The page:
A nomadic Iranian people occupying the steppe region between the Caucasus Mts. and the Don and Ural Rivers early in the Christian era. They figured occasionally in Roman affairs before falling under the domination of the Huns c. a.d. 350, with whom they moved westward into Ostrogothic territory. One group advanced into central Germany, joined the Vandals in Gaul 406–409, and crossed into Spain under their chieftain, Respendial. Decimated there by Visigothic foederati in 418, the survivors merged with the Vandals and accompanied Gaiseric into Africa. Another Alan contingent near Orleans fought with the Roman general Aetius against Attila in 451. Liberated from the Huns after 455, the main body of Alans drifted back to the steppes. Muslims and Mongols dominated them during the Middle Ages. They finally withdrew into the central Caucasus where their descendants survive as the Osset nation. The only ancient report of the Alans' religion says that they worshipped a sword fixed in the ground. Those who associated with the East Germans probably absorbed some Arianism, but their conversion as a tribe came only after Patriarch nicholas i of constantinople (901–925) sent the monk Euthymius to evangelize them. Nicholas then established the metropolitan see of Alania whose Orthodox history can be traced to 1590.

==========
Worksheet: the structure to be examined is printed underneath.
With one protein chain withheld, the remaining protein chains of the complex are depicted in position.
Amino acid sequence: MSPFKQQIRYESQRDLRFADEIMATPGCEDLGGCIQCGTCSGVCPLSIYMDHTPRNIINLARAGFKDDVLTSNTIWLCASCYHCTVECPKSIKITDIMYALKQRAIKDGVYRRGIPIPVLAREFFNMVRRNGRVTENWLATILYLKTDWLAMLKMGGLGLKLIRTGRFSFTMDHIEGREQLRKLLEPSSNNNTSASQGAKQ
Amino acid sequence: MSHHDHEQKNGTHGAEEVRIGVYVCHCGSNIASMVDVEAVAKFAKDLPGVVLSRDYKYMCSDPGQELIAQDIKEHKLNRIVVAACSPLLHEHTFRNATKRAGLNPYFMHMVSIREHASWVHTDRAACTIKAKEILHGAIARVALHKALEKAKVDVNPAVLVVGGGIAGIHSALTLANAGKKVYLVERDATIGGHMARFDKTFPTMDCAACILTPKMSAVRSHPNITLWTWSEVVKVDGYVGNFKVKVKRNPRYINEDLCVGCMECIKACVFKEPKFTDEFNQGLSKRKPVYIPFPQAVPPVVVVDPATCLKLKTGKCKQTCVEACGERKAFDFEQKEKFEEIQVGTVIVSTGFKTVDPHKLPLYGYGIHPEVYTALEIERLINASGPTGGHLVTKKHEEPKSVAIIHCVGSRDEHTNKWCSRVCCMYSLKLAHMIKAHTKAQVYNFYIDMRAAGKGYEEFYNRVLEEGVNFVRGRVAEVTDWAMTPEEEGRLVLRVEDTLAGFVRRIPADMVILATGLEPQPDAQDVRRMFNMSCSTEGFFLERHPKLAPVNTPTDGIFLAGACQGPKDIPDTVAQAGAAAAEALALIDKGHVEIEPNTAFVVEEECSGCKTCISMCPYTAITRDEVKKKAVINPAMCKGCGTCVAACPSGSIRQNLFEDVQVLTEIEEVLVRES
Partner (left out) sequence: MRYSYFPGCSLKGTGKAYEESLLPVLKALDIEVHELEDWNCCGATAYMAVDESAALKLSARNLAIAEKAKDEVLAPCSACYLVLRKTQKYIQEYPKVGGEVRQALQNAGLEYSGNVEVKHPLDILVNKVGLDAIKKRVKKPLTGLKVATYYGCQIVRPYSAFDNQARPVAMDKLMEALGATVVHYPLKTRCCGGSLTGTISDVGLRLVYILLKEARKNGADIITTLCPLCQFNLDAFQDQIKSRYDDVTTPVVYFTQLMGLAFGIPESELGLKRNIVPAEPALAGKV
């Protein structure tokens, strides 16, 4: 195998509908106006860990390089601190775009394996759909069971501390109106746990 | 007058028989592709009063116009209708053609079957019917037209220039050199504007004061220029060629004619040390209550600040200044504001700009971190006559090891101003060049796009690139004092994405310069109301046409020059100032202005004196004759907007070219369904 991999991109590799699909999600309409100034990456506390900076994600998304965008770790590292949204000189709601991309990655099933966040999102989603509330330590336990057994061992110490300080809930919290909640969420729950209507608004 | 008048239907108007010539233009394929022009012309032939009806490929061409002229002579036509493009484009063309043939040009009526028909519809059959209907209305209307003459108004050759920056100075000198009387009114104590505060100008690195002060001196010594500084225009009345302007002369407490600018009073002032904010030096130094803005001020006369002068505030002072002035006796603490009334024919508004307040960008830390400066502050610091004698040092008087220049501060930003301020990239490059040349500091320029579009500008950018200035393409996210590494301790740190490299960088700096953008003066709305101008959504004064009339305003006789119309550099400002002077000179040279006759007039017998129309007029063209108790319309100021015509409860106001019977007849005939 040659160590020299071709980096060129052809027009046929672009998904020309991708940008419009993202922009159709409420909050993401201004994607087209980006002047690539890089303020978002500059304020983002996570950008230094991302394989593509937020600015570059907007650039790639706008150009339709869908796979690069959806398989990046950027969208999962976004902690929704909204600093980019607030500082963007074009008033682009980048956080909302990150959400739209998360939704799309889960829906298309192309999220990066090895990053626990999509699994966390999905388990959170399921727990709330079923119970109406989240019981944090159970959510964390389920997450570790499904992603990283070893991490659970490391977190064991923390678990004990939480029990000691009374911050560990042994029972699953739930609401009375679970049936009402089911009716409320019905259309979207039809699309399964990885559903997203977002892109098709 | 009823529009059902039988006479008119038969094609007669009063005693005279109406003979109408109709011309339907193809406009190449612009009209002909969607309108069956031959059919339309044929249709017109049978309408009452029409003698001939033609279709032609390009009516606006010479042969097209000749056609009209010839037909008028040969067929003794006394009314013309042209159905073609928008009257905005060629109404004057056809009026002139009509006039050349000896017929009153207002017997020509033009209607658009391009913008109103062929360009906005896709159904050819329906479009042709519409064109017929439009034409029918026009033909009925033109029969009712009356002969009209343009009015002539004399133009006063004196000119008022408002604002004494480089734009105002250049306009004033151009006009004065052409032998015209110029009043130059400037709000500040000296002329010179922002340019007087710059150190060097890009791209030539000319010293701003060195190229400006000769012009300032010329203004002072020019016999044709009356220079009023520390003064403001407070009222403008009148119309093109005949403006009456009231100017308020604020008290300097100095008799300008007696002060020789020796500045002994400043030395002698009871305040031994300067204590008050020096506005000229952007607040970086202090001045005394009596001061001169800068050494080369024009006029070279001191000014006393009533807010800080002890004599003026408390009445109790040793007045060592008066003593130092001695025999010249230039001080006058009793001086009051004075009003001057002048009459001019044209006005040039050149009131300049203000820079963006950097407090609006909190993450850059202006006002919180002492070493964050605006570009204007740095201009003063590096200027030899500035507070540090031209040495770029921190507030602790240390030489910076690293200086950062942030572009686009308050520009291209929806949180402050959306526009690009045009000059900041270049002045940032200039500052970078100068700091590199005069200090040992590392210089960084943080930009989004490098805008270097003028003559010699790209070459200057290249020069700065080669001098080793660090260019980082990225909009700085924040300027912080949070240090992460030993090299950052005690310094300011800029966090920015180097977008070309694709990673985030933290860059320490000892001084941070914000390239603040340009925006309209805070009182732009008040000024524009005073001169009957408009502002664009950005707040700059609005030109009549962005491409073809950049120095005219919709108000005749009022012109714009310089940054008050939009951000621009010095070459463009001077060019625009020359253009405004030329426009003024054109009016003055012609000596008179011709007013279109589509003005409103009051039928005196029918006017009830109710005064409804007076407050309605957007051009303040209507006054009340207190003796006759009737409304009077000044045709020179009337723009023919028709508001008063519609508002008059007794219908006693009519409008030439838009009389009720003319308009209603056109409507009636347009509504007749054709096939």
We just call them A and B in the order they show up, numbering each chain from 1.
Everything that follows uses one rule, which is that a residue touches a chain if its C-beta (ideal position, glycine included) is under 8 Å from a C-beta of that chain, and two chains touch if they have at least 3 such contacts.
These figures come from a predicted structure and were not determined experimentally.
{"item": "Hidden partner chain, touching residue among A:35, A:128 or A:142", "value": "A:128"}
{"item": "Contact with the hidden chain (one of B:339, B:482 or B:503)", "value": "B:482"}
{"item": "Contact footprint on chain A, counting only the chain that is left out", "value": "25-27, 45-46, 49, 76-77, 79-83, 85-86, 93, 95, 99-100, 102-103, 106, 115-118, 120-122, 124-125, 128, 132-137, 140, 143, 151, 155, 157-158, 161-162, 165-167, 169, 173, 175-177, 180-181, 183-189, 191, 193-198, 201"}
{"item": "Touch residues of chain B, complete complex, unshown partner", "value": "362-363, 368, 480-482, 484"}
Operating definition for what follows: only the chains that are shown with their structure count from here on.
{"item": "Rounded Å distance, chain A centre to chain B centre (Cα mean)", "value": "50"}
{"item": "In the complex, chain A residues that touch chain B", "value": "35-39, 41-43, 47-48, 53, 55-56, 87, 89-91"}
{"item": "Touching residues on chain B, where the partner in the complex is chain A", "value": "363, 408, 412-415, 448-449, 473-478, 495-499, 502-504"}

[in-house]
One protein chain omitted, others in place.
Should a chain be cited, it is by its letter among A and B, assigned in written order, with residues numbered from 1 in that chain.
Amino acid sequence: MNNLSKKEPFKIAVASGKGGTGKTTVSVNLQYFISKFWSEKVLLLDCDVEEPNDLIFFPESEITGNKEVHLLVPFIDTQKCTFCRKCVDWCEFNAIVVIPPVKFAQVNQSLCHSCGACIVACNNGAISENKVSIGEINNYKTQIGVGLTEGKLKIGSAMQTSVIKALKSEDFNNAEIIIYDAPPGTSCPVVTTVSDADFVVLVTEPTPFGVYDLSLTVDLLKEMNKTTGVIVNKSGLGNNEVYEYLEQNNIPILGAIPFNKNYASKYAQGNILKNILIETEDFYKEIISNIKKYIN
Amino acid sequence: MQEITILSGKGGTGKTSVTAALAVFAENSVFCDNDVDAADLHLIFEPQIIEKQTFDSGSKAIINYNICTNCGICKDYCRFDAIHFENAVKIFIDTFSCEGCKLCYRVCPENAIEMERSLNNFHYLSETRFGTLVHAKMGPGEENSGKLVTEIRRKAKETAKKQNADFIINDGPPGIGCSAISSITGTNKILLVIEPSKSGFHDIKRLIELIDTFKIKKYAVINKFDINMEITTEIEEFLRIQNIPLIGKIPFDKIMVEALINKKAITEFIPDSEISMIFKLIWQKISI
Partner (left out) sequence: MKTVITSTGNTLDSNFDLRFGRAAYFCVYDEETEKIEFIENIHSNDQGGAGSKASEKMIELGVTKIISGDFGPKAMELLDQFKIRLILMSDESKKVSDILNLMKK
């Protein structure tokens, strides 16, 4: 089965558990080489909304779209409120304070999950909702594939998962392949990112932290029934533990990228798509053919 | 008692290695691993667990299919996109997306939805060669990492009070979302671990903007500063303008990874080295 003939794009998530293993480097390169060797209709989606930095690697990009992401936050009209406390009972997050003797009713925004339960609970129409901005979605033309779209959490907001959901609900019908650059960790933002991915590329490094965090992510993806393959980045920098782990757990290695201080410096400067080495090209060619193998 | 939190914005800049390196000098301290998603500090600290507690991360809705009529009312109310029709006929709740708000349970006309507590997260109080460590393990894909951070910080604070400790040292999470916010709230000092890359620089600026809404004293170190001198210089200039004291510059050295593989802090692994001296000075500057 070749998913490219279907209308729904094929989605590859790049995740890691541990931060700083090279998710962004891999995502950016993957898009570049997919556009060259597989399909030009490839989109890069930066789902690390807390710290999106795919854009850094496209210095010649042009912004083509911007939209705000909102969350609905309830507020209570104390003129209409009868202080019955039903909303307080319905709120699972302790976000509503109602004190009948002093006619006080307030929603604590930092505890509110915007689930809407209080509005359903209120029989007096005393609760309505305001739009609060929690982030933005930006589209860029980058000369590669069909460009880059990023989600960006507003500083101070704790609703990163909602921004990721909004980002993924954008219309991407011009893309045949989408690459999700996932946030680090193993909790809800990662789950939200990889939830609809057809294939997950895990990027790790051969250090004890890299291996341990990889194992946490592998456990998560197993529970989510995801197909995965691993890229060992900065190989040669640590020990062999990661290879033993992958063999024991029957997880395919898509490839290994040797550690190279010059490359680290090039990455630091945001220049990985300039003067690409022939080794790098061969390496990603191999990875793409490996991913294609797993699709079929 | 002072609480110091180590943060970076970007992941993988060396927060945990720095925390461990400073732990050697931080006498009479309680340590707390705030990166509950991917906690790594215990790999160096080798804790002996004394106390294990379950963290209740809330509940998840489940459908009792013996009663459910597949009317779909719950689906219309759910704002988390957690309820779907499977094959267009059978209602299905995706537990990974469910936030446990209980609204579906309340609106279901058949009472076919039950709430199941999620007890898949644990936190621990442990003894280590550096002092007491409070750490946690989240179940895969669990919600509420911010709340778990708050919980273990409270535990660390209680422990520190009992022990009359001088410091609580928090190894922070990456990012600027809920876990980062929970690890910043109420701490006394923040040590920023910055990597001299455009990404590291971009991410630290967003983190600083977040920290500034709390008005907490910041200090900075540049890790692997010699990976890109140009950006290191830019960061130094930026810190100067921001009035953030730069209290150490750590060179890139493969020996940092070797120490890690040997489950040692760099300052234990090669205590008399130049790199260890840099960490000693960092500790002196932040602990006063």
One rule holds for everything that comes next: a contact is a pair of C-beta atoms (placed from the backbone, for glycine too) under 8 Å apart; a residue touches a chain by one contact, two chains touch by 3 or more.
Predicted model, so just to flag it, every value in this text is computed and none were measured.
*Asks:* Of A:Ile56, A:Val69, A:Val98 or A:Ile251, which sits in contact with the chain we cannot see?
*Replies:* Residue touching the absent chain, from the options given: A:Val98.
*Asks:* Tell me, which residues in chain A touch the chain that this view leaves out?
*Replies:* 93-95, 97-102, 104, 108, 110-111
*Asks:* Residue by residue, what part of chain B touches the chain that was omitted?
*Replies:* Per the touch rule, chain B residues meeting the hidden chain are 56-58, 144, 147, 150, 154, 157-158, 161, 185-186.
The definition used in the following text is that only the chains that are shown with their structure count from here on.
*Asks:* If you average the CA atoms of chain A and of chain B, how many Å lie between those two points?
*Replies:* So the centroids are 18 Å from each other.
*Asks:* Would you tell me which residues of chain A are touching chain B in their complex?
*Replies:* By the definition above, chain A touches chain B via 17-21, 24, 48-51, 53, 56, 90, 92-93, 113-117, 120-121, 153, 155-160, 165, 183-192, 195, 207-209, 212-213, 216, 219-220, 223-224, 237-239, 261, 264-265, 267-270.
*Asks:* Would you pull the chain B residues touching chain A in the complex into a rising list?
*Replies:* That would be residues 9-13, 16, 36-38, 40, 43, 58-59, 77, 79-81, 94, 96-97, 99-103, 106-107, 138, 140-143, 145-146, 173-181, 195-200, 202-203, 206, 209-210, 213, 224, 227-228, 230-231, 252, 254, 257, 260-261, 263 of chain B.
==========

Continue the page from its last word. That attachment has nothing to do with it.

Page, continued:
Bibliography: s. vailhÉ, Dictionnaire d'histoire et de géographie ecclésiastiques 1:1334–38. e. a. thompson, A History of Attila and the Huns (Oxford 1948). f. dvornik, The Making of Central and Eastern Europe (London 1949). g. deeters, Lexikon für Theologie und Kirche, 10 v. (2d, new ed. Freiburg 1957–65) 1:265.
[r. h. schmandt]
"Alans." New Catholic Encyclopedia. . Encyclopedia.com. (September 22, 2018). http://www.encyclopedia.com/religion/encyclopedias-almanacs-transcripts-and-maps/alans
"Alans." New Catholic Encyclopedia. . Retrieved September 22, 2018 from Encyclopedia.com: http://www.encyclopedia.com/religion/encyclopedias-almanacs-transcripts-and-maps/alans